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Reconstructing Judaism

02/06/2018 09:28:04 PM


I’m thrilled with the news out of Philadelphia. Nope, not the Super Bowl 2018 win by the Philadelphia Eagles; it is something far more parochial.

Last week saw the announcement of the “rebranding” of the two entities at the core of what has been known as the Reconstructionist movement. The Reconstructionist Rabbinical College – where I studied from 1989-1996 – and the Jewish Reconstructionist Communities, which had merged under the umbrella of the College four years ago, are now known together as Reconstructing Judaism.

What indeed is in a name? Are we still a ReconstructionIST affiliate? (Yes.) Is ReconstructionISM still a valid and active school of thought in Judaism? (Of course, even more so). So what has changed?

In a way, this move and the lovely logo image combined with the tag line –Deeply Rooted. Boldly Relevant – hearkens back to the original impetus behind the vision put forward by Mordecai M. Kaplan in the early 20th century.

Kaplan, who himself taught at the (Conservative movement’s) Jewish Theological Seminary for 60 years (he lived to 102!) was famously disinterested in establishing a denomination, in the model of the other liberal branches of Judaism. Eventually, with the leadership of his son-in-law Rabbi Ira Eisenstein, a rabbinical seminary was established to train rabbis in the school of thought Kaplan had developed. Notably, the curriculum was structured around the concept of Judaism as an evolving religious civilization, raising up the notion that the tradition continually adapts, addressing the issues of the moment, of each civilizational era, examined through the texts and stories of the tradition.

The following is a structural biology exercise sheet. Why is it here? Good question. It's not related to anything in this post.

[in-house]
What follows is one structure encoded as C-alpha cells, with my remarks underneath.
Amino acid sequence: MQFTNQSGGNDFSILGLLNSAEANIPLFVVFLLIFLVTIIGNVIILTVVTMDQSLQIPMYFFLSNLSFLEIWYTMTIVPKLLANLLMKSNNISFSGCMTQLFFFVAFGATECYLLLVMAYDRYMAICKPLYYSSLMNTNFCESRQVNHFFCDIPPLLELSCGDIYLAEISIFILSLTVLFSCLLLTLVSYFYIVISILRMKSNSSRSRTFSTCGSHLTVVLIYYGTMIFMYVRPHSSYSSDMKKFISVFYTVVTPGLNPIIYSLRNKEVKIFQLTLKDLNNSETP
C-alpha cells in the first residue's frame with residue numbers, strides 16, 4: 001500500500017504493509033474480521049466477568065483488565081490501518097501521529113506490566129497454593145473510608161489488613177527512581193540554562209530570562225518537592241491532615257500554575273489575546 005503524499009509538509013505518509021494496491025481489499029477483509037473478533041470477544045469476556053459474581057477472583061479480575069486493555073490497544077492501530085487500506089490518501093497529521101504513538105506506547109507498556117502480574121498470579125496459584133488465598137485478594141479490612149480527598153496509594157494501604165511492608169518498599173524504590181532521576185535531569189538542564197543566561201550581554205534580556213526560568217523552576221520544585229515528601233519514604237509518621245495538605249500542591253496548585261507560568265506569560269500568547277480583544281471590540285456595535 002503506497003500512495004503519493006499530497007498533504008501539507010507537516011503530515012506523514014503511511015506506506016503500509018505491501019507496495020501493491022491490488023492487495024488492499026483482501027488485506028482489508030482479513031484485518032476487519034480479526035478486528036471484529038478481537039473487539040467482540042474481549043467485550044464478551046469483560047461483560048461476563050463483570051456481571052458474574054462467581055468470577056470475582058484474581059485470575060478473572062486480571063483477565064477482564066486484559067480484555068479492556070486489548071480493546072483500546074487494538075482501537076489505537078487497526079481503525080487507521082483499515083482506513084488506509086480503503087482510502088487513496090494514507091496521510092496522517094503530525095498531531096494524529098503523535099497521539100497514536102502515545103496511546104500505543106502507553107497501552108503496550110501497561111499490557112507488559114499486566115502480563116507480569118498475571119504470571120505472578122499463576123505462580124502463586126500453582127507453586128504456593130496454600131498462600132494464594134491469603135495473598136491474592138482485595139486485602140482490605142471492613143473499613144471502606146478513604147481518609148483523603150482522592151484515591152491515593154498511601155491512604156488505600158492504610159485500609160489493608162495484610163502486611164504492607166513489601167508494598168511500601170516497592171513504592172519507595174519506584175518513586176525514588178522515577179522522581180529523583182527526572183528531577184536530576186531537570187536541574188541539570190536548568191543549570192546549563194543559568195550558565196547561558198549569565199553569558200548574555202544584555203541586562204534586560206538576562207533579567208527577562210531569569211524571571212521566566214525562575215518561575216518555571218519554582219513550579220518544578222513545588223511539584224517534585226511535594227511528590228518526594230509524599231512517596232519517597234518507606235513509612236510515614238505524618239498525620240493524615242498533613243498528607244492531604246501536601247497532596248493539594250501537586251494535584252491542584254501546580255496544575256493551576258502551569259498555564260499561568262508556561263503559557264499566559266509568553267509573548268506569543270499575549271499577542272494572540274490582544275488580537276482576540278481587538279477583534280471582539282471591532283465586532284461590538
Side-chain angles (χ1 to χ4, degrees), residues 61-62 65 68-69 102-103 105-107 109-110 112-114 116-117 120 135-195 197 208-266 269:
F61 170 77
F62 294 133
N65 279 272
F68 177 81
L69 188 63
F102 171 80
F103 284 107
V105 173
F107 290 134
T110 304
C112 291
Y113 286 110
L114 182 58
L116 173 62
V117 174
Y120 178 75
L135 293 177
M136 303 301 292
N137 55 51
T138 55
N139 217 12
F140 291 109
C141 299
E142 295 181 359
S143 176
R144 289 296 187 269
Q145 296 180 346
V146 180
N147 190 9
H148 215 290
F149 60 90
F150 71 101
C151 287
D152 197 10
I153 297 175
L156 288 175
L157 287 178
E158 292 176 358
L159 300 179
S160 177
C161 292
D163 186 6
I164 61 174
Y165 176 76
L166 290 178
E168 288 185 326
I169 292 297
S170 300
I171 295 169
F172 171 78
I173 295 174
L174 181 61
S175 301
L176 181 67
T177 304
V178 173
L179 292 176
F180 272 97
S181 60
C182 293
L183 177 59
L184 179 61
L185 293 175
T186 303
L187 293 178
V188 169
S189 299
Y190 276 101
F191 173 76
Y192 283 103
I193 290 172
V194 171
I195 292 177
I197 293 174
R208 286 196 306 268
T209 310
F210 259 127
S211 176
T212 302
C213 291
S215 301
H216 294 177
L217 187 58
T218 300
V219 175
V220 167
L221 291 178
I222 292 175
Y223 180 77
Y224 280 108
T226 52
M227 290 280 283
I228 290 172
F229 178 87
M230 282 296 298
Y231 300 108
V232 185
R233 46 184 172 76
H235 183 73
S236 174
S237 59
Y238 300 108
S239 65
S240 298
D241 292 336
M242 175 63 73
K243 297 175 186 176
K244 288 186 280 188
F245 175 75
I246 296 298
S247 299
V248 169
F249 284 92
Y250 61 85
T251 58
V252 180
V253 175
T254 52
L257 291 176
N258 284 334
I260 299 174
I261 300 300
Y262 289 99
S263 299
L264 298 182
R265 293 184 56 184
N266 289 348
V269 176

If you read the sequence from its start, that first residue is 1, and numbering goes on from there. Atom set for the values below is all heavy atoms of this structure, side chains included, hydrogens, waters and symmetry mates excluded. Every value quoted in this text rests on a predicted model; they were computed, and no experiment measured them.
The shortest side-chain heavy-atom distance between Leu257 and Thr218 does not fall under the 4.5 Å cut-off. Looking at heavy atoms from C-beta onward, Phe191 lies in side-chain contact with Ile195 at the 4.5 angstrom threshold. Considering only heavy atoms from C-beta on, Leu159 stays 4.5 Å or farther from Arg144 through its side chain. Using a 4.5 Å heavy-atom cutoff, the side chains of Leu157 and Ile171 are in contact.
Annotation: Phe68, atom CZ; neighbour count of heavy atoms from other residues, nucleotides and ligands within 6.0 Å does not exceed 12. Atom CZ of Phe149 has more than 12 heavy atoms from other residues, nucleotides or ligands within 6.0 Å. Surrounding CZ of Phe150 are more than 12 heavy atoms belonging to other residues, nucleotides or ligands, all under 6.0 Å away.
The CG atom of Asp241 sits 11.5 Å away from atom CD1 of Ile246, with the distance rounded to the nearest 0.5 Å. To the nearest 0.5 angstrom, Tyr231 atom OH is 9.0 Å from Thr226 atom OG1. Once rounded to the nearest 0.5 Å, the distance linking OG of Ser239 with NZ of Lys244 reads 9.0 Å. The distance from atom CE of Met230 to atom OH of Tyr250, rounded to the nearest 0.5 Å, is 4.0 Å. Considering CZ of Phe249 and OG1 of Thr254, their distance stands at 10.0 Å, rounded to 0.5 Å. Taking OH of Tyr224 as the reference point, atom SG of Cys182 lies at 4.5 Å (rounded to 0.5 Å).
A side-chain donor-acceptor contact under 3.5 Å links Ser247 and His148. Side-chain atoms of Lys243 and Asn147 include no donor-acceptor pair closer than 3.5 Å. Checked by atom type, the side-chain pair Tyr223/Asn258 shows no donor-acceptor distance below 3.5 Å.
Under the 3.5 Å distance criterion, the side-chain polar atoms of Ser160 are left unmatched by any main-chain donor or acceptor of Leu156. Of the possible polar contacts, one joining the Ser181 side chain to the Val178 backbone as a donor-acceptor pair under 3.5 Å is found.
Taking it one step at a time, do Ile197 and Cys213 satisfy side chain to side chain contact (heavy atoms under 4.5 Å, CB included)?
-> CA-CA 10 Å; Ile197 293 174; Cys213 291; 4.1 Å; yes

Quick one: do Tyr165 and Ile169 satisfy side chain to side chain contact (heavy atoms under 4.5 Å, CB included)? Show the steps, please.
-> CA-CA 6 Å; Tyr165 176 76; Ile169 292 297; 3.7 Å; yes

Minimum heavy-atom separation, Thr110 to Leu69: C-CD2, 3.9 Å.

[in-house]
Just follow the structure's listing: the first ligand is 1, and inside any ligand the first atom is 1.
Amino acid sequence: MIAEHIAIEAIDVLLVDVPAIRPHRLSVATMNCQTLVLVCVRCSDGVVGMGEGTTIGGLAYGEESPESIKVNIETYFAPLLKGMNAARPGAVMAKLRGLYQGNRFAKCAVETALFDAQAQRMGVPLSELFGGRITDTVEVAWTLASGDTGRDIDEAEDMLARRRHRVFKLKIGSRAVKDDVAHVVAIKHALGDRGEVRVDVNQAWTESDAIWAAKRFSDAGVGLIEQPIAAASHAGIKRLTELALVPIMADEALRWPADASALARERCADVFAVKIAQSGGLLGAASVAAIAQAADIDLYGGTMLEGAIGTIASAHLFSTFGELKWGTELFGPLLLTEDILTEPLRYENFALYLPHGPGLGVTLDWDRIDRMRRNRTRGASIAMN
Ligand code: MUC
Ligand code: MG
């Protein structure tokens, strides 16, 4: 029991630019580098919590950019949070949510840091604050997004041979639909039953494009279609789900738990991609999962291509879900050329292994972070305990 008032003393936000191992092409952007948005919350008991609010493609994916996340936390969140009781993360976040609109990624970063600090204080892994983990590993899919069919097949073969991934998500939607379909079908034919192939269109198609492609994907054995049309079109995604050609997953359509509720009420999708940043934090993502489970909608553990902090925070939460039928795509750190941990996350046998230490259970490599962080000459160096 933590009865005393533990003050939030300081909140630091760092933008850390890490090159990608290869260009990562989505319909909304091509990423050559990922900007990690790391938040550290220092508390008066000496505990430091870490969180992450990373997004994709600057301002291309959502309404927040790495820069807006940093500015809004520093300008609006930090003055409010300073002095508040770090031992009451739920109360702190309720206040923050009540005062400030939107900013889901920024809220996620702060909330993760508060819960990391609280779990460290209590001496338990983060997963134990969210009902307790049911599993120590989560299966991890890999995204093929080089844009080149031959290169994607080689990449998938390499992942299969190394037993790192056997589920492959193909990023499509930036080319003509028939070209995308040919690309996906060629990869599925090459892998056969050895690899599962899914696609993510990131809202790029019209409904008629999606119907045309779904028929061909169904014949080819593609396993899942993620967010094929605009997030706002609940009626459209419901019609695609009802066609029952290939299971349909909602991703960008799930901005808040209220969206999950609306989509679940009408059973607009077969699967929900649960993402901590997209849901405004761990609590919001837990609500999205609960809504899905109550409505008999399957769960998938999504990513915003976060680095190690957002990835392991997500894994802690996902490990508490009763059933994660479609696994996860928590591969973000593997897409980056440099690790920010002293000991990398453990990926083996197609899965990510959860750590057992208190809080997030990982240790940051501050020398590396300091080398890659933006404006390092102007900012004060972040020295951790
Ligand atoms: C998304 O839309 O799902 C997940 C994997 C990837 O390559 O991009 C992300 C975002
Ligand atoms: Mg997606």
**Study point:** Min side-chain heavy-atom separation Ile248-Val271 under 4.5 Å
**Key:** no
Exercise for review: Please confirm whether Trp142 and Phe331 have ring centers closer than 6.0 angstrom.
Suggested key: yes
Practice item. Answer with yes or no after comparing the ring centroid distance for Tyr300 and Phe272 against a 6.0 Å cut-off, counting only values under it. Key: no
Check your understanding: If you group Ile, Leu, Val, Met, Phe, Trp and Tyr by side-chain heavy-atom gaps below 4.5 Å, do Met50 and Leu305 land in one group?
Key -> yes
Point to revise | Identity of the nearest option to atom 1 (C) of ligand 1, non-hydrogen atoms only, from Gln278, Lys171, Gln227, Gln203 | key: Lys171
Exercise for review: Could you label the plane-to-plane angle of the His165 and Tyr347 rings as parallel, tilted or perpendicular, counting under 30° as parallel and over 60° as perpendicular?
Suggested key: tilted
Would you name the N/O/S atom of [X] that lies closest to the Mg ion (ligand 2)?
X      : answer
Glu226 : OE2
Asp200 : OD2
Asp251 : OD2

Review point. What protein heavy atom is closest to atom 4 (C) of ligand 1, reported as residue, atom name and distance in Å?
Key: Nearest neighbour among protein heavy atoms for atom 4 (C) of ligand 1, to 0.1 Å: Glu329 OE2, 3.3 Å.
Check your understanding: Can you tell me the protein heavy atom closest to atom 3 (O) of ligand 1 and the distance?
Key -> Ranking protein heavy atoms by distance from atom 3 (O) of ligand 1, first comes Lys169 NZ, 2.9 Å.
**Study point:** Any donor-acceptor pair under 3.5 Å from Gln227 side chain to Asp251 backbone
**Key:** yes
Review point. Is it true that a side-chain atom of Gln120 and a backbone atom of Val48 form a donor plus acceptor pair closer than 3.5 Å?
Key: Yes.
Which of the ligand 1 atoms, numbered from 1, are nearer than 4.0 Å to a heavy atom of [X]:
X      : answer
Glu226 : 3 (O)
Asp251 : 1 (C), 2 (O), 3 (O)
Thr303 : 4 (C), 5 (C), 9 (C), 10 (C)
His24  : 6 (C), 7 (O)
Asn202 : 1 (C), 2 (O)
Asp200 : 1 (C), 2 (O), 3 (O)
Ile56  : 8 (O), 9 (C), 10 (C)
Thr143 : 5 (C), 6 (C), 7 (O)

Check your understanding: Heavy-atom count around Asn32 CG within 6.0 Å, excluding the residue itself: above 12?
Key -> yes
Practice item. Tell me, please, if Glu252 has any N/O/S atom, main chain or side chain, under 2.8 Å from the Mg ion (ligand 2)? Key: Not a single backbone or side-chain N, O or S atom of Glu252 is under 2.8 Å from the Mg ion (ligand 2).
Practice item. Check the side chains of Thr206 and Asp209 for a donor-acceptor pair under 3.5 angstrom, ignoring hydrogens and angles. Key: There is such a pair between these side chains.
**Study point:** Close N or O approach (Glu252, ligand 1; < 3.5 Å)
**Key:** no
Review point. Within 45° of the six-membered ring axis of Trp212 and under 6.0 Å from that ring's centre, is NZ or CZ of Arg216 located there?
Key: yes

No one doubts that change is necessary to adapt to the huge numbers of transformative influences, factors and pressure on Twenty-First century Jewish communities.  One of my favourites phrases currently is “rampant optionalism.” So much energy has been depleted by dire predictions of Judaism’s imminent demise in the face of what has been wrought by the vastness of open access to … well, just ask Rabbi Google … everything and anything.

Well before branding was a thing, Kaplan’s Big Vision was an embrace of how the Jewish people live their present and future. Reconstructing Judaism was always the enterprise of the Reconstructionist movement, and is still so today. Hineninu. Here we are, with renewed energy, a great rabbinical study and training program, a lively association of communities, and groundbreaking, relevant and innovative programs to serve the Jewish people. I remain deeply committed to the vision that is now called Reconstructing Judaism, a vision that will outlast any trend or trophy.

- Rabbi Liz

Watch Rabbi Deborah Waxman talk about the new image and name

Read about Reconstructing Judaism here:

And join us on Sunday morning, February 25. Tresa Grauer, head of Affiliate Support for Reconstructing Judaism is coming to Ottawa! Learn more about our new identity, get excited about the upcoming convention in Philadelphia convention in Philadelphia in November (as well as our Canadian Reconstructionist Shabbaon in June!) Hold the date. Details TBA.

Mon, May 20 2019 15 Iyar 5779